Memphis is one of the hardest, grimiest teams in the NBA. You really thought they were going to roll over and let Los Angeles sweep them?
Zach Randolph had 18 points in the first half and Memphis' bench actually outscored Los Angeles' bench, leading the Grizzlies to a 47-39 lead at the half. Blake Griffin leads the Clips with 10, while Chris Paul has been bottled up with three turnovers and zero assists.
Here's the answers to the three questions Jonathan Tjarks had about the first half of Game 1:
Can the Grizzlies get more out of Zach Randolph Zach Randolph?
Suffice it to say, yes.
Zach Randolph looked kinda like Zach Randolph at his best out there. After scoring 13 points on 10 shots in each of the first two games, Randolph came out and scored 13 points on five shots in the first quarter alone.
He hit the Grizzlies' first shot, a rainbow 18-footer. A few minutes later, he got the ball in the post and bullied a shot up and in, drawing an and-one call on DeAndre Jordan. Some more layups, some finishes around the hoop and some boards and putbacks followed. He had a steal and pass ahead to Keyon Dooling. They even let him shoot a technical free throw, even with better shooters on the floor. All things told finish with 18 points and four rebounds on six shots.
Z-Bo looked like Z-Bo, the wide rebounder with a mean streak, a low center of gravity, four inches of vertical leap and not a care in the world. That's exactly what the team wanted.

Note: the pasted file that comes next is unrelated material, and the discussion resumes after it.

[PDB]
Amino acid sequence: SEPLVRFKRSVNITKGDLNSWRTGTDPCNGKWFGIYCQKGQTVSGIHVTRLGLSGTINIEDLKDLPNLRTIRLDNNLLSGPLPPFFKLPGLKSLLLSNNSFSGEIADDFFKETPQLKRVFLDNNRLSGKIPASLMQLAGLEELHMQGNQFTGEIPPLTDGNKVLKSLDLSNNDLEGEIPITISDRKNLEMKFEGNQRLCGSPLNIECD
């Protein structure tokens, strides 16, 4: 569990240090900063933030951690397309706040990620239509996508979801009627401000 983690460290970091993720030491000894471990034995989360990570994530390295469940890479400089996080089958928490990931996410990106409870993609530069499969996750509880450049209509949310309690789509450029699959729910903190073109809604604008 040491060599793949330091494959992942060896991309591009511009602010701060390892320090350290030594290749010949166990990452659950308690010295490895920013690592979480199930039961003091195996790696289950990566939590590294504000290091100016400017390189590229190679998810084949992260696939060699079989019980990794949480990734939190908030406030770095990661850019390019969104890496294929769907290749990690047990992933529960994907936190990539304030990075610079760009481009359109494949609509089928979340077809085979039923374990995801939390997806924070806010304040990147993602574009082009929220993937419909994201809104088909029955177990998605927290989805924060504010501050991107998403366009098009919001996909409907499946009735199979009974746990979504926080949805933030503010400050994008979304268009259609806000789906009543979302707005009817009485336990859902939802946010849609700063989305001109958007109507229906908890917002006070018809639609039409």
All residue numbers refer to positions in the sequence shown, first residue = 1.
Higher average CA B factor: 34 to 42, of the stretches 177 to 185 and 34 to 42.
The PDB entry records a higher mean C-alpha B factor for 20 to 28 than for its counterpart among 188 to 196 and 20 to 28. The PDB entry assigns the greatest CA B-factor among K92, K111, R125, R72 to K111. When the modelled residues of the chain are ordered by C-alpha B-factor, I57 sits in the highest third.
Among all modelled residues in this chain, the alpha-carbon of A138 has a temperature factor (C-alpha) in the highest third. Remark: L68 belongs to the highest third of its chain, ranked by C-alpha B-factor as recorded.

How will Vinny Del Negro handle the Clippers' rotation?
The other day, we wrote a post about how Los Angeles' bench has made this series somewhat of a mismatch. The Clippers' "Tribe Called Bench" is high-energy, high-scoring fun with great athletes and great role players, and the Grizzlies' bench is, like, Jerryd Bayless and Keyon Dooling. We quoted something the brilliant Steve Perrin wrote at Clips Nation:
If Memphis is counting on Bayless and Keyon Dooling to be major factors, the series is already over.
Los Angeles deployed their bench as usual: first Jamal Crawford, then Matt Barnes and Ryan Hollins. When the second quarter opened, Eric Bledsoe and Lamar Odom followed, giving everybody on the squad a rest.
But Memphis did something weird: they countered by going full bench too. Sure, the Grizzlies have gone 10-deep before, but it seemed weird to have it happen all at once on a team with several inadequate bench players.
But, uh, it worked. Bayless and Dooling, presumably big Clips Nation readers, drilled back-to-back threes, and Vinny Del Negro had to call a timeout. Sure, Barnes answered back with a dunk and a three, but the Grizzlies bench crew matched the Tribe -- actually outscoring them by three -- and that's all Lionel Hollins could've asked.
Could this be the end of the road for the "Grit 'N Grind" Grizzlies?
Not yet. This game has the early makings of a Grizzlies win, and it's come on the back of Randolph and Marc Gasol playing Grizzlies-ball. This series could have life in it yet.